Food Safety / Technology

Processors Adapt To Shifting Demand For Cold-Pressed Juices

Industrial-scale machinery helps clean-label drinks expand beyond juice-bar sales, while processors keep a wary eye open for signs that cold-pressed’s popularity may be waning.

By Kevin T. Higgins, Managing Editor

Cold-pressed juices have been one of the leading lights of the clean label/healthier eating trend, with some observers projecting 10 percent compound annual growth over the next few years.

All trends eventually run their course, though, and observers are wondering if there is another Evolution Fresh or Suja waiting in the wings, or if cold-pressed juicing has crested?

It’s not an academic question for the food processors who have invested in capacity to get those juices onto supermarket shelves and fast-food menu boards. Labor costs with an industrial-scale press are a fraction of those of a juice-bar unit, but they have to be in production long enough to justify the capital outlay.

87P (, the Carol Stream, Ill., processing arm of Here Holdings in Chicago, has accumulated a baker’s dozen cold presses since 2015. The largest machine, which breaks down chunks of fruit and vegetable before feeding them into a hydraulic press that resembles an accordion, is rated at up to 100 gallons throughput per hour.

Much of the production is dedicated to the Here brand, which sources most raw ingredients from the Great Lakes region. Filling is a bottleneck, although up to 1 million single-serve containers a month could be bottled, far more than demand for Here juices. Entrepreneurs as far away as the West Coast have contracted to fill available production time and have 87P copack cold-pressed juices for them.

87P began operations in 2013. Among its customers was FarmedHere, a 90,000-sq.-ft. hydroponic farm with the ambitious goal of supplying locally grown produce to the metropolitan market year-round. High energy and labor costs forced FarmedHere’s owners to cease operations in January, but they then partnered with 87P to process the products they now sell under the Here label.

“It feels like cold-pressed is still a growing segment,” 87P President Bill Besenhofer says hopefully. “We’re getting more customers from the quick-service area,” restaurateurs who want to sell their own store-branded juices. Nonetheless, 87P is hedging its bets by also processing hummus, veggie dips and salad dressings, with a move into fresh-cut fruit possible next year.

Marwan Moheyeldien is less sanguine about the future of cold-pressed juices. “They’ve gone through their 15 minutes of fame,” says Moheyeldien, CEO of Maryland Packaging Ltd. ( in Elkridge, Md. The big success stories already have been written, he believes, and “the market can’t absorb all the niche products” selling for up to $8.99 per 12 oz. serving.

Refrigerated cold-brewed coffees and teas are the next big thing in trendy beverages, he suggests. Coincidentally, a former executive and current investor in Here jumped into the cold brew space.

High-pressure processing is the common ground between 87P and Maryland Packaging. Except for salad dressing, all of 87P’s finished goods are trucked to Milwaukee for HPP processing by American Pasteurization Co., North America’s first HPP tolling operation. A closer option is Liberty Cold Storage, the 3PL division of protein processor West Liberty Foods. Based in Bolingbrook, Ill., a Chicago suburb 20 miles from 87P, Liberty is expanding its HPP capacity with five additional high-capacity Hiperbaric 525-liter machines.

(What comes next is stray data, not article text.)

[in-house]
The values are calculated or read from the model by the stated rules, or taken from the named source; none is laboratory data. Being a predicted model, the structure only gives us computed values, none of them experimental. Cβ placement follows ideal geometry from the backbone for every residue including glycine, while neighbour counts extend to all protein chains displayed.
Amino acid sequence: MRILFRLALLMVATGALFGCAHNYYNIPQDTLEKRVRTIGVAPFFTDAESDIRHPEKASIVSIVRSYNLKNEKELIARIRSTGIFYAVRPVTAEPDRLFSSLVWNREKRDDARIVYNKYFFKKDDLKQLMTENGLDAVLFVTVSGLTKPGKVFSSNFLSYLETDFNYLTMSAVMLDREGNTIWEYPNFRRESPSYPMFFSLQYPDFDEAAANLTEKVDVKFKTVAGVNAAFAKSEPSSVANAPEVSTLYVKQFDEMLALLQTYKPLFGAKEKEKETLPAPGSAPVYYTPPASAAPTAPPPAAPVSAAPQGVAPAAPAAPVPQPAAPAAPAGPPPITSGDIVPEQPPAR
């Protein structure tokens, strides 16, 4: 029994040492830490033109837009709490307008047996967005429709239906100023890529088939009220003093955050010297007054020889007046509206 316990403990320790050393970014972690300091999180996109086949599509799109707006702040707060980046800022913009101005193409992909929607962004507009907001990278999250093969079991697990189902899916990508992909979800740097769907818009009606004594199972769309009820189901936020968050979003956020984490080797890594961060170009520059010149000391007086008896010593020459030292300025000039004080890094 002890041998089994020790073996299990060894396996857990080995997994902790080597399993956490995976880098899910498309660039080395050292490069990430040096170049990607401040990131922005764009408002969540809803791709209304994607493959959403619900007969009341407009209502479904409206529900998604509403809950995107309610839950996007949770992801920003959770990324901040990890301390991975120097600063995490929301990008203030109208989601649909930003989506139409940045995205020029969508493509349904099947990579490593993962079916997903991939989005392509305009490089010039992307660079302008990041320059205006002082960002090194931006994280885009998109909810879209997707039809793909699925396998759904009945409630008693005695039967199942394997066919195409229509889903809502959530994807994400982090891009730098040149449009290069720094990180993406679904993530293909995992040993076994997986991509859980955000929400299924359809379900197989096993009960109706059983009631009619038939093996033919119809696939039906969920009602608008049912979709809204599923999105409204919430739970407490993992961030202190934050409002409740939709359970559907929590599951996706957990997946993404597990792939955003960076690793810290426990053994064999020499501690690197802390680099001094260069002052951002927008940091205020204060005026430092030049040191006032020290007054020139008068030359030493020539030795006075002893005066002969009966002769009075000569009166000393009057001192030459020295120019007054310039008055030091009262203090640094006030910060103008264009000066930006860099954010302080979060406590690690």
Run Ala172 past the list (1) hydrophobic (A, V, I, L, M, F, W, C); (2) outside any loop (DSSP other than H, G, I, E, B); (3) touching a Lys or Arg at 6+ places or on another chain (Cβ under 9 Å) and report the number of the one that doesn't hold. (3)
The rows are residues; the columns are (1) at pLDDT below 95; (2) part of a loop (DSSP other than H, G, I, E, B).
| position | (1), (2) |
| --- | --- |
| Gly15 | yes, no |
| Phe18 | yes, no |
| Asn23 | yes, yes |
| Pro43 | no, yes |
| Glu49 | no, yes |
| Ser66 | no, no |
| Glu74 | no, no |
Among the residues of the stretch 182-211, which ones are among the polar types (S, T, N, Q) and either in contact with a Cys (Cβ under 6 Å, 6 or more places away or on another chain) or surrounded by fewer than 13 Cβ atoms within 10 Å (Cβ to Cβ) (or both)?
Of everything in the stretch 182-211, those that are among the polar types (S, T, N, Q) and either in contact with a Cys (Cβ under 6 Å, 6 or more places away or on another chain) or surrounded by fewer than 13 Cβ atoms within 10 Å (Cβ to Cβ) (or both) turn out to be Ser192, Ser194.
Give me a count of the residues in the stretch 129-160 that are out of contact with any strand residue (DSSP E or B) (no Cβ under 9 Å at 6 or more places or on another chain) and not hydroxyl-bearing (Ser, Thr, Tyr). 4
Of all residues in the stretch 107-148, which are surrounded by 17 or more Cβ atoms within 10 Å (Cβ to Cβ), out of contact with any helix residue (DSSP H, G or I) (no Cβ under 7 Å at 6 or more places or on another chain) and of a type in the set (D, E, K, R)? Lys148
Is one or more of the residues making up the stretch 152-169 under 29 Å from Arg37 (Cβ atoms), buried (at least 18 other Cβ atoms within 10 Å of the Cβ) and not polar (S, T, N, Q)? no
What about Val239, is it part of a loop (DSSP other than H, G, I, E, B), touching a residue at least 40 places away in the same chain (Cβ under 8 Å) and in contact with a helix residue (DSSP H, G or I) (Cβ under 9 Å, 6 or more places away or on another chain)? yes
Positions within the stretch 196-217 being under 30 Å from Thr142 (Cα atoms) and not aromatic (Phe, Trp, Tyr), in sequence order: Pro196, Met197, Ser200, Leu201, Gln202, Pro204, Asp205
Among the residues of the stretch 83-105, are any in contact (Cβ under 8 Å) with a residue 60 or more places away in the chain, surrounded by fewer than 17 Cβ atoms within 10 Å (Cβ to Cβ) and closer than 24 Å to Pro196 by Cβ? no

Maryland Packaging doesn’t rely on tollers: The firm began operating a 100-liter machine from Avure Technologies last year. Avure rates the unit’s potential at 10 million lbs. of pasteurized products a year.

HPP’s role in food safety and clean-label products convinced Moheyeldien that HPP will be a springboard for emerging food companies. To nurture their growth, he is investing $8 million in two Hiperbaric 525-liter machines which will commissioned in a 30,000-sq.-ft. refrigerated warehouse he expects to open in October in nearby Baltimore County, Md. HPP tolling will add 70 jobs for skilled workers earning up to $40 an hour to Maryland’s staff.

“We looked at HPP as a loss leader and wanted to use the first press to help smaller companies,” says Moheyeldien. “Now we’re ready to help graduate micro clients to macro clients. These are the people who are going to be the future Cokes and Pepsis of the food industry.”

Juice processing constitutes 30 percent of his company’s business. Moheyeldien expects preservative-free meats, seafood and prepared meals to dominate production schedules on the new presses, each capable of pasteurizing 7,000 lbs. of finished goods an hour. (Maryland Packaging also offers heat pasteurization and hot-fill services and packaging in MAP or vacuum packs.)

Half a dozen or more entrepreneurs with a food start-up idea or early-stage product beat a path to Moheyeldien’s door every day. Some will succeed, but they need the help of copackers and comanufacturers like Maryland Packaging, which has a product-development kitchen and a FSMA-compliant food safety program in place. Many of those entrepreneurs lack a business plan or a clear understanding of what makes their products unique and who might buy it, yet they are able to attract investors who used to flock to technology start-ups.

“Venture capital in the food industry is a bubble, and it’s going to burst,” he predicts.

Fads also implode and trends end, and companies that provide the enabling processing expertise keep a wary eye out for signs that the end is near. Cold-pressed juices may not account for a major share of 87P or Maryland Packaging’s production in a few years, and management at both firms are on the lookout for new opportunities to serve food companies targeting a fickle and shifting market.